Fig. 4
figure 4

The di-leucine motif at the top of the central cavity is critical for ABCG2 function. a Ribbon representation of homo-dimeric ABCG2 in the ATP-free state. The zoom-in view shows the positions of L554 and L555 (purple balls-and-sticks) subtending the extracellular membrane border between the central and upper cavities. F431 (dark green balls-and-sticks) locates just below the di-leucine valve. b Immunodetection is shown for ABCG2 variants stably expressed in HEK293 cells and detected by the anti-ABCG2 (BXP-21) antibody. ABCG2 monomers migrate at ~72 kDa, while dimeric ABCG2 is located above. β-Actin was used as an internal loading control. c Odyssey-based quantification of stably expressed ABCG2 variant, normalized against WT ABCG2, is plotted. Data are from several independent experiments (n = 3–13). All results are represented as means ± SEM; ****P < 0.0001 vs. mock control. Gray dots represent values from independent biological replicates. d Membrane localizations of GFP-tagged ABCG2 variants (green) are shown. Nuclear DNA was stained with DAPI (blue). Microscopy data are from duplicate experiments. Scale bars in microscopy images correspond to 20 µm. e Normalized mitoxantrone efflux activity of di-leucine valve mutants is plotted. Ko143-sensitive efflux activity is given as percentage activity of the WT control (n = 4–18). Bar graphs are shown as means ± SEM; ****P < 0.0001; **P < 0.01 vs. K86M. Gray dots represent values from independent biological replicates. f Vanadate-sensitive ATPase activities of ABCG2 variants stably expressed in HEK293 cells are quantified. Data are from independent experiments (n = 4–10), using three different batches of membrane preparations. Double mutation L554C L555C samples were prepared from four clones of stable cell line. Data are normalized and given as fold changes relative to WT. All data are means ± SEM; ****P < 0.0001; ***P < 0.001; **P < 0.01; *P < 0.1 vs. negative control. Gray dots represent values from independent biological replicates.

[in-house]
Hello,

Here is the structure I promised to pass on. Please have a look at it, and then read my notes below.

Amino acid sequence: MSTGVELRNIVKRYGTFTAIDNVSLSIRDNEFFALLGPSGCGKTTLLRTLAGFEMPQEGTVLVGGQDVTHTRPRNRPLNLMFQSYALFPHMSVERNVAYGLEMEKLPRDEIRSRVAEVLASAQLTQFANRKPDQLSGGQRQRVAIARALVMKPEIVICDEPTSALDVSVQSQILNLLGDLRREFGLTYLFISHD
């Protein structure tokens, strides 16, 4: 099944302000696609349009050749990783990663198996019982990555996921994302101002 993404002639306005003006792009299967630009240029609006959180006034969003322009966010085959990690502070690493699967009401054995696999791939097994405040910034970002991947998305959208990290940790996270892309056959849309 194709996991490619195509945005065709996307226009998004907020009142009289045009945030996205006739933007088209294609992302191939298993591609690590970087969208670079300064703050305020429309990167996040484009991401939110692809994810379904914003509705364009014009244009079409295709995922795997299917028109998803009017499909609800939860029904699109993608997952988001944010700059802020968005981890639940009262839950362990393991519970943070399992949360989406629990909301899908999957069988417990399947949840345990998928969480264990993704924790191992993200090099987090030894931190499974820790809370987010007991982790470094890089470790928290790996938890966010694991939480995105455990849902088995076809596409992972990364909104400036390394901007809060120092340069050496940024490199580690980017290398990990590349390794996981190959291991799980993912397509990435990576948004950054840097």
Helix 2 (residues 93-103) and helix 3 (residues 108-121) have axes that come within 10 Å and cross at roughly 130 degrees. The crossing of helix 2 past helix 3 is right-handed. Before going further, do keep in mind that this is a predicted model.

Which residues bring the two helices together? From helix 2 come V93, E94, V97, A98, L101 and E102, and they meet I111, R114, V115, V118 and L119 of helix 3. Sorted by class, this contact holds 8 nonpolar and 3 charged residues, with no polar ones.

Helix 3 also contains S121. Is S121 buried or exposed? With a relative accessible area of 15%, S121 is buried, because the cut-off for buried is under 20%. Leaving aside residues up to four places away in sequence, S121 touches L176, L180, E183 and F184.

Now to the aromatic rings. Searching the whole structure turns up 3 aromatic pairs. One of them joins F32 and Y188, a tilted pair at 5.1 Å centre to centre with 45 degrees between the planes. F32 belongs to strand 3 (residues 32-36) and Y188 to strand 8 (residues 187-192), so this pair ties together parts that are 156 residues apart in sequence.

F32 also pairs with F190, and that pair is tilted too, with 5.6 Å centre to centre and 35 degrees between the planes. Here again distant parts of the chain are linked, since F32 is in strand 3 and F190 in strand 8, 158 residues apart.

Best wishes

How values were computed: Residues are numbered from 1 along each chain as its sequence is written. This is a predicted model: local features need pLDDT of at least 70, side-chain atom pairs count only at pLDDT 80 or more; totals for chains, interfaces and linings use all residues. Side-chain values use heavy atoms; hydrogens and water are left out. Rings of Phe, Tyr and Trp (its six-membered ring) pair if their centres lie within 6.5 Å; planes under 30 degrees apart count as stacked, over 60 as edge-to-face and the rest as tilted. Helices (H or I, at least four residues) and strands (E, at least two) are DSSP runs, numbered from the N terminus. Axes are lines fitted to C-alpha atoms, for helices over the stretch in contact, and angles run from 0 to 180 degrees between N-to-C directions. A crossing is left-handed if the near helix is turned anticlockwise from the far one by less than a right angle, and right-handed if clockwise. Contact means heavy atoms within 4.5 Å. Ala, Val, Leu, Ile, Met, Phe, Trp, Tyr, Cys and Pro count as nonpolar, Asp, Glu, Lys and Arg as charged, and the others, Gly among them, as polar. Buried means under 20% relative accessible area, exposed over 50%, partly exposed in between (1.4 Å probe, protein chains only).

Valve mutations disrupt the seal and enable water flow

The di-leucine valve separates the upper and central cavities along a substrate translocation channel, which appears very narrow at the di-leucine valve (Fig. 4). However, none of the available ABCG2 structures suggest the presence of water molecules within the translocation channel. Thus, we performed 175-ns-long MD simulations to probe for the presence of water. To ensure equilibrated conformations and stable trajectories, we defined the initial 25 ns as equilibration time. Valve-disrupting mutants showed a strong local effect on water distribution, highlighted by substantial changes in spatial density surrounding the di-leucine valve (Fig. 5). The quantification of water exchange between the central and the upper cavity showed minor water movement through the valve for most constructs (Supplementary Fig. 5 and Fig. 5b, c). By sharp contrast, the double alanine L554A L555A mutant, as well as the double cysteine L554C L555C mutants, showed increased water movements when compared to the WT control (Supplementary Fig. 5 and Fig. 5b, c).

Fig. 5
figure 5